Teen sex and pregnancy in UK: The Daily Mail and The Times abstain from discussing religion

Teen sex and pregnancy in UK: The Daily Mail and The Times abstain from discussing religion

“If you want more of something, subsidize it; if you want less of something, tax it,” argued Ronald Reagan.

A study released last month in Britain reports this maxim is true not only of economics, but sex. 

The Daily Mail, The Times and other outlets report that claims that cutting government spending on sexual education would lead to a rise in teen pregnancy have been shown to be untrue.

Researchers actually discovered the obverse: cutting sex-ed spending leads to a decline in the rate of teen pregnancies. The question GetReligion readers will want answered, of course, is this: Might there be a religious or moral angle to this news story?

The lede in the May 30, 2017, story in The Times entitled “Teenage pregnancies decline as funding for sex education is cut” states: 

Teenage pregnancy rates have been reduced because of government cuts to spending on sex education and birth control for young women, according to a study that challenges conventional wisdom. The state’s efforts to teach adolescents about sex and make access to contraceptives easier may have encouraged risky behavior rather than curbed it, the research suggests.

The Times story is behind their paywall, but the Daily Mail’s version, entitled “Sex education classes DON'T help to curb teenage pregnancy rates and may encourage youngsters to have unprotected intercourse” lays out the same story.


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Religion ghosts in the Silicon Valley suicides? It would have helped to ask that question

Religion ghosts in the Silicon Valley suicides? It would have helped to ask that question

If you have been following mainstream religion-news coverage in recent decades, like quite a few GetReligion readers (and all of our writers), then you know the byline of Hanna Rosin, who once covered the beat for The Washington Post. If you have followed her work since then, both in her books and in The Atlantic, you know that her interest in topics linked to religion, culture and family life remains strong and her skills as a reporter and word stylist are unquestioned.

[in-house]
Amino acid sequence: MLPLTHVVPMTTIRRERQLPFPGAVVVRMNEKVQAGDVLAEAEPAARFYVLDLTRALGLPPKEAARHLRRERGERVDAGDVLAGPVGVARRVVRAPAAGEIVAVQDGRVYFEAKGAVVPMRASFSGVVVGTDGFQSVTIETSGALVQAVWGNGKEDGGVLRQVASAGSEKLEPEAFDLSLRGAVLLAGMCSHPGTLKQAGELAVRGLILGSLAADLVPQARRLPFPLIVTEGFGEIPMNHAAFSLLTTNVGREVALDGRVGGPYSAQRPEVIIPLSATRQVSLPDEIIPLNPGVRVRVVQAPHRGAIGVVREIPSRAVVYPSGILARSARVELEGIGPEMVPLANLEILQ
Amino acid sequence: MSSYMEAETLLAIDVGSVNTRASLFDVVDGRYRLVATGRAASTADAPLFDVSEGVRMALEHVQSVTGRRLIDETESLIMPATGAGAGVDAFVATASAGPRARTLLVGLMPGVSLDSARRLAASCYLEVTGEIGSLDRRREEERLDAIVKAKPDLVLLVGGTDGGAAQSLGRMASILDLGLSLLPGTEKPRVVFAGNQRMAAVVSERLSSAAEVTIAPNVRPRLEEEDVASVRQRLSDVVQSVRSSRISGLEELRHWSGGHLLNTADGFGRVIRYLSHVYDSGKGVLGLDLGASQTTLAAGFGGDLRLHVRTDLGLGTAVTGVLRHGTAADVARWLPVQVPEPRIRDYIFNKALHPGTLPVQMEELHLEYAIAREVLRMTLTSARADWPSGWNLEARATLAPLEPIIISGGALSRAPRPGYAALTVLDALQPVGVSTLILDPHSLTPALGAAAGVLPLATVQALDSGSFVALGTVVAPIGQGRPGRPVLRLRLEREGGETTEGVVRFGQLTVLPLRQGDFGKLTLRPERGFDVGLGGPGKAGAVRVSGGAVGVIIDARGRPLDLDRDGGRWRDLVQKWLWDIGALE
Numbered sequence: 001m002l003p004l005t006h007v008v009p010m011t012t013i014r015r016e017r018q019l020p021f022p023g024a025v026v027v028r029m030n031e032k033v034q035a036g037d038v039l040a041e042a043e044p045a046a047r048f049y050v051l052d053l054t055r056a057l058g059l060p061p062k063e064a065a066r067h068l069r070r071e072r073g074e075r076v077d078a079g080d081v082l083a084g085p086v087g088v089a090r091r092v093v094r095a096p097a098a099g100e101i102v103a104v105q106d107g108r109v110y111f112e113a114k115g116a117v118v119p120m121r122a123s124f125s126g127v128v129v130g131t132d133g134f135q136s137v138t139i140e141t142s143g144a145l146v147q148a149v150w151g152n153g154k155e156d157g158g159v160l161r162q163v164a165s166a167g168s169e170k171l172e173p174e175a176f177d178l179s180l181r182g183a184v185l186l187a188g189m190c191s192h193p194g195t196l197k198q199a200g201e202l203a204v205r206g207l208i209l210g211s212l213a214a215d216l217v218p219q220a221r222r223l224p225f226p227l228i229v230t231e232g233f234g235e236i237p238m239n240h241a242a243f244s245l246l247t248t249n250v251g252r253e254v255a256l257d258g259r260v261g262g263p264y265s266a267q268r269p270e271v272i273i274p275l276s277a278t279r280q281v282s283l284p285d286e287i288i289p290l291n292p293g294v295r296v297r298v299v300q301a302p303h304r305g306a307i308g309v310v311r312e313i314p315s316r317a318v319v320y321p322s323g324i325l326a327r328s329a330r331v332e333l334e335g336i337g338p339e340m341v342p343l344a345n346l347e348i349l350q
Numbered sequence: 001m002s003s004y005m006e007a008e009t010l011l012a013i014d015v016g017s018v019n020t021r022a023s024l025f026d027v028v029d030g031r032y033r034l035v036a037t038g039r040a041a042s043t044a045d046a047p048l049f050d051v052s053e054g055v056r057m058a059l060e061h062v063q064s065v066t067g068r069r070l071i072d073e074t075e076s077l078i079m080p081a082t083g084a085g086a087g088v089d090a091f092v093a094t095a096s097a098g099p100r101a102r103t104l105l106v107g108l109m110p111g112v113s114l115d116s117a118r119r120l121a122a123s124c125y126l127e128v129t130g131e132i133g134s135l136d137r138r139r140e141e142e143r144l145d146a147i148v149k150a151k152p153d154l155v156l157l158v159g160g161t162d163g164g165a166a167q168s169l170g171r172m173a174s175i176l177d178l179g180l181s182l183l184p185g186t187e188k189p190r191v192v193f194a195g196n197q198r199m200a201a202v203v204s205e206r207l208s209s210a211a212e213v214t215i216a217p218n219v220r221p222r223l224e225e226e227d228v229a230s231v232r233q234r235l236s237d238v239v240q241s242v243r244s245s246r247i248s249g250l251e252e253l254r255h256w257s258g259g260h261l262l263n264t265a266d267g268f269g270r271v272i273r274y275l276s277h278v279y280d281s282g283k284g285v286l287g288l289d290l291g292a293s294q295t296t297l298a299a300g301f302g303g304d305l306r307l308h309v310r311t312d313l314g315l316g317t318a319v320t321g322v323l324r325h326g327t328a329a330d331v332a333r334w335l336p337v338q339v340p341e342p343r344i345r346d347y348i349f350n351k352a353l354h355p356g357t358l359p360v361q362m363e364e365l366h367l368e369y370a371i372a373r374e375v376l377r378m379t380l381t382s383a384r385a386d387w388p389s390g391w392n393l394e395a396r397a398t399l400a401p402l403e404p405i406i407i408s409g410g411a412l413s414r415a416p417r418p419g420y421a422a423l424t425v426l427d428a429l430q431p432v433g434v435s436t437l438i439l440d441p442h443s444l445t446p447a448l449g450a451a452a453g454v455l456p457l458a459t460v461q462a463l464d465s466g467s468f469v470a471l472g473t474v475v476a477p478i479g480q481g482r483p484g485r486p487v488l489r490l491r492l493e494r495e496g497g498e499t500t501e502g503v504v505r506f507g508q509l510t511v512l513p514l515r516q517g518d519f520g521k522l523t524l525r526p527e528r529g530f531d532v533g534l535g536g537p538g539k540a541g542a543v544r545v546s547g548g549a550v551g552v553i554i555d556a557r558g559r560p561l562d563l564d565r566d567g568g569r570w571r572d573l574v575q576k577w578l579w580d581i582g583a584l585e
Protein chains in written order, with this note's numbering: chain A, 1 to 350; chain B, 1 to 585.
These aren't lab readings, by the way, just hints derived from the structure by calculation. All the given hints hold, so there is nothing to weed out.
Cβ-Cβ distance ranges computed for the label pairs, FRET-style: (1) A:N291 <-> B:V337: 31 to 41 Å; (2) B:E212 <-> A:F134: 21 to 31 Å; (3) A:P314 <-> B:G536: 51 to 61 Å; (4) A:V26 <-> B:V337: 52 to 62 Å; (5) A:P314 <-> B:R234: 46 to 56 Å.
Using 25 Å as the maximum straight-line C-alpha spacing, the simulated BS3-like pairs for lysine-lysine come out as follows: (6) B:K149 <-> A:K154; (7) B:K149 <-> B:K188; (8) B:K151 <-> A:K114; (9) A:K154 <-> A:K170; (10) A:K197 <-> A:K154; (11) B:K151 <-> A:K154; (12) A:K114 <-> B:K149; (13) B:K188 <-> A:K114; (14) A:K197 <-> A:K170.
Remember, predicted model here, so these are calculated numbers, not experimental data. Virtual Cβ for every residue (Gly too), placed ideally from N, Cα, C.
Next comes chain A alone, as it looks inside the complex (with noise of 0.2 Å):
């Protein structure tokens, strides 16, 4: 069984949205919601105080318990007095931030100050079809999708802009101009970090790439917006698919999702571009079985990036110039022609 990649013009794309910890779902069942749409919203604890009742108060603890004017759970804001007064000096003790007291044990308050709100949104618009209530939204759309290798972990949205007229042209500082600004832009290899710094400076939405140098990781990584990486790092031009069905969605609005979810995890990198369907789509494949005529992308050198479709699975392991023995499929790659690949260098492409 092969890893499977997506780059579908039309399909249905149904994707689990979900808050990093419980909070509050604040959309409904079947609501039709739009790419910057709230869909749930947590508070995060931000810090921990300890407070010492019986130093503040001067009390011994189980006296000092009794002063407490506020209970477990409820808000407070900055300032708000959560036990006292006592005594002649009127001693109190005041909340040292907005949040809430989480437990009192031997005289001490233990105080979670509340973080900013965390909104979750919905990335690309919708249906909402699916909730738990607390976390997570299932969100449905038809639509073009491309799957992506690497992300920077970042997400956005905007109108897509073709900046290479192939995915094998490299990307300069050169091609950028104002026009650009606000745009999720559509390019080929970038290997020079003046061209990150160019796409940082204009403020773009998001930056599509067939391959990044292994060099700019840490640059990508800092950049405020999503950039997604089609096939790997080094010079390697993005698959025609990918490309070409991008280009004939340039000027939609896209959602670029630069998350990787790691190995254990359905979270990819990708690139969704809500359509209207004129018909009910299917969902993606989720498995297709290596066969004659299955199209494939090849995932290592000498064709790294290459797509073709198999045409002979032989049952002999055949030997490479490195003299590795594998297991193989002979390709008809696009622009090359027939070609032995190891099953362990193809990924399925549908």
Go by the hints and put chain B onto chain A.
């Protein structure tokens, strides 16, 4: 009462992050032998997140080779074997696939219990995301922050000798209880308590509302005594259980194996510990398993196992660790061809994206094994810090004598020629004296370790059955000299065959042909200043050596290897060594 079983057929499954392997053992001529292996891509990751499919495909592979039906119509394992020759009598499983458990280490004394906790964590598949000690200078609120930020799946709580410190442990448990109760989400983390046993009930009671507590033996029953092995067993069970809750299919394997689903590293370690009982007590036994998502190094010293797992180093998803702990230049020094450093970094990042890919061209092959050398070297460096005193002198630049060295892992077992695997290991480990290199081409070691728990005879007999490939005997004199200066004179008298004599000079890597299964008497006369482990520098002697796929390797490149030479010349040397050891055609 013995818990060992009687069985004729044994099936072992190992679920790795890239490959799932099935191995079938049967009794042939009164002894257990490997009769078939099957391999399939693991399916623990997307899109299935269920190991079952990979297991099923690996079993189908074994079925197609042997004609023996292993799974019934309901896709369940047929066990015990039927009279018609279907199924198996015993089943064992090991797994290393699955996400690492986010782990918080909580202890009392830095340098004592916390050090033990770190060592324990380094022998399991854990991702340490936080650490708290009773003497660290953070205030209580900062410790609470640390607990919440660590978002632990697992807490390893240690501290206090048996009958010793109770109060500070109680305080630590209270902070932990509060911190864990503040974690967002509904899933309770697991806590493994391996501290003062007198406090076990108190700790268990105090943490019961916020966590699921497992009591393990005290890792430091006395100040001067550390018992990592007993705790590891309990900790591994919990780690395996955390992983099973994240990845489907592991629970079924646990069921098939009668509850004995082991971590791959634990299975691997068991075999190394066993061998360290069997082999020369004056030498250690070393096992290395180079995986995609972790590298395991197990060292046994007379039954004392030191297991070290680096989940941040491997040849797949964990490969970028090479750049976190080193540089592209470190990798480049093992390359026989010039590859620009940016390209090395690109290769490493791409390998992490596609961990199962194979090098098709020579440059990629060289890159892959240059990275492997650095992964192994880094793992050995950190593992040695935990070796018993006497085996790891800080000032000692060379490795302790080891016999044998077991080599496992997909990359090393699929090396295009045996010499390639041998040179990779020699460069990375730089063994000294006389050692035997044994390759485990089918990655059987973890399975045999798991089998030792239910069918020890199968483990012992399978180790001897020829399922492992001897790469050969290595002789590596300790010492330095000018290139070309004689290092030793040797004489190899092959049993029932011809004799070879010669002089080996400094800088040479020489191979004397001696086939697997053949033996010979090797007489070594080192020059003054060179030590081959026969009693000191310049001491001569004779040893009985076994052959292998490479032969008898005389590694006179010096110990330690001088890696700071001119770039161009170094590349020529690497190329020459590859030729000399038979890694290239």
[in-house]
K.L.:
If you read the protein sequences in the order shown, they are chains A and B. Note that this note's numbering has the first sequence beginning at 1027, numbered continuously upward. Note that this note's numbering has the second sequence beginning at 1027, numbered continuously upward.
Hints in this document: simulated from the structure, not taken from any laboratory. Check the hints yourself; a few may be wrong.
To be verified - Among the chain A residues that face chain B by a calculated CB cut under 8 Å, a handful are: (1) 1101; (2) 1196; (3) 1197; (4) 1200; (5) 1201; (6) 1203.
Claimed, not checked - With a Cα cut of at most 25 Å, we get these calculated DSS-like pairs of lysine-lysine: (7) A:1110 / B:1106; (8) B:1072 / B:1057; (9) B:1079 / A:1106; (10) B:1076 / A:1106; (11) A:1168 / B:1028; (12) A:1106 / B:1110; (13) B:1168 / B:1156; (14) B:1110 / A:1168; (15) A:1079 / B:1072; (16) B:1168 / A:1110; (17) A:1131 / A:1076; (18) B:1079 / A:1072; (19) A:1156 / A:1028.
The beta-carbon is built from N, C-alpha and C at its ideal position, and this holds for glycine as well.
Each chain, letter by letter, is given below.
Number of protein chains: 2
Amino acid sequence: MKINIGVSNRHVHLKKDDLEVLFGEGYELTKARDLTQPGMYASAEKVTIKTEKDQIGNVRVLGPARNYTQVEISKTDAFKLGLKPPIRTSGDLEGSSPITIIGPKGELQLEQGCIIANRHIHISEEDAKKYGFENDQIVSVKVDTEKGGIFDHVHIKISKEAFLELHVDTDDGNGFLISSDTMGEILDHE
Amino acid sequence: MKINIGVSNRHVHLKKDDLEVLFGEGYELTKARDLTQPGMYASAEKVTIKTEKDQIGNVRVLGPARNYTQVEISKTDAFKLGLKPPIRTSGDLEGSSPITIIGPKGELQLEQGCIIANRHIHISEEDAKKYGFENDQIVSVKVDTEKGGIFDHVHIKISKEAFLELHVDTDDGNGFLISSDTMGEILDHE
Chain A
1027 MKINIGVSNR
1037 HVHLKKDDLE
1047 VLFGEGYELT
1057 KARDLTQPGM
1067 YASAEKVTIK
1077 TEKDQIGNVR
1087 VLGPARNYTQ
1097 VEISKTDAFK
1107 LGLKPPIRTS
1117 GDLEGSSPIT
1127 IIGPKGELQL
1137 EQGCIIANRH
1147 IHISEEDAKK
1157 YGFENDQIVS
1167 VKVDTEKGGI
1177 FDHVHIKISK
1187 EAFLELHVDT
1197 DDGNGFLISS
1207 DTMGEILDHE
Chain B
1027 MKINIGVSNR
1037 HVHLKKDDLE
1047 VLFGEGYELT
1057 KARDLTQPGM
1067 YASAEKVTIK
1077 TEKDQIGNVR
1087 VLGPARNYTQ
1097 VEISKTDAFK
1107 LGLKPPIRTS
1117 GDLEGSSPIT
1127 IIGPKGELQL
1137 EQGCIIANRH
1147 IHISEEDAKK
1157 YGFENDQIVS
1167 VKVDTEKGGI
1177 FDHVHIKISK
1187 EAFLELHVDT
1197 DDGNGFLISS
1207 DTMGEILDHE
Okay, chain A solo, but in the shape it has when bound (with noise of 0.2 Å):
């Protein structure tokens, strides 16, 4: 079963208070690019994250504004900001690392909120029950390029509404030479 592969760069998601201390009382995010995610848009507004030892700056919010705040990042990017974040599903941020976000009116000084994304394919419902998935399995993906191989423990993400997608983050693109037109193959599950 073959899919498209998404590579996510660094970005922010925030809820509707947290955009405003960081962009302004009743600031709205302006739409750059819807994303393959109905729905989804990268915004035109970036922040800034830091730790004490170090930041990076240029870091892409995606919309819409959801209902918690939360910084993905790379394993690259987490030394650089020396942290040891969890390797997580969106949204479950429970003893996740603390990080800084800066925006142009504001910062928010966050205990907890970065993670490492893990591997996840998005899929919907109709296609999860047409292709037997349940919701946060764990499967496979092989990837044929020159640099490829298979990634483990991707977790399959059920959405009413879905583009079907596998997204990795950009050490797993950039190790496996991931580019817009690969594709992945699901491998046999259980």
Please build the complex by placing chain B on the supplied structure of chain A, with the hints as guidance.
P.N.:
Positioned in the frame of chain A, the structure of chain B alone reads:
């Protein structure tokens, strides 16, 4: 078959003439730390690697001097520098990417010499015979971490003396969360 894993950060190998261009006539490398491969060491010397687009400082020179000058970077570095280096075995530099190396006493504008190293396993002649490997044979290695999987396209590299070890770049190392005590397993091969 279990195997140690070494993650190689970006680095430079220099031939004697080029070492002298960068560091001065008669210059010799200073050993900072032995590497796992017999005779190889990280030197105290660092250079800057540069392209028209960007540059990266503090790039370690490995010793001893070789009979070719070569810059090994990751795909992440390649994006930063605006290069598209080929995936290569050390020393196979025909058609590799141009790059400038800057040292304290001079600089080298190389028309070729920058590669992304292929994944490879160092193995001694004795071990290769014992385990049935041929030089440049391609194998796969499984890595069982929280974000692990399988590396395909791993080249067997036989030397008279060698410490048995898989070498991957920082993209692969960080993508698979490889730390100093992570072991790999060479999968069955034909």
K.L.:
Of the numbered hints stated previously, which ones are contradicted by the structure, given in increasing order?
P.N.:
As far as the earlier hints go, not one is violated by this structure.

In recent days, several GetReligion readers have sent me URLs to her new Atlantic cover story on "The Silicon Valley Suicides."

One of the messages perfectly captured the message in the others: "See any ghosts in this one?"

This is a stunning story and it was worth reading to the very end. That said, I found it amazingly haunted and free of the moral and religious depth usually found in Rosin's work.

Ghosts? Totally haunted.

The story opens with the story of the suicide of at popular athlete and super-achieving student named Cameron Lee, the kind of normal young man who went out of his way to join friends for morning donuts and make people feel at home.

You need to read this one long passage to grasp the tone of Rosin's piece:

That morning the school district’s superintendent, Glenn “Max” McGee, called Kim Diorio, the principal of the system’s other public high school, Palo Alto High, to warn her, “This is going to hit everyone really hard.” McGee was new to the district that year, but he’d known the history when he took the job. The 10-year suicide rate for the two high schools is between four and five times the national average. Starting in the spring of 2009 and stretching over nine months, three Gunn students, one incoming freshman, and one recent graduate had put themselves in front of an oncoming Caltrain. Another recent graduate had hung himself. While the intervening years had been quieter, they had not been comforting.

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Jewish & Christian? Weekend think piece I would have posted, except I was driving on mountain roads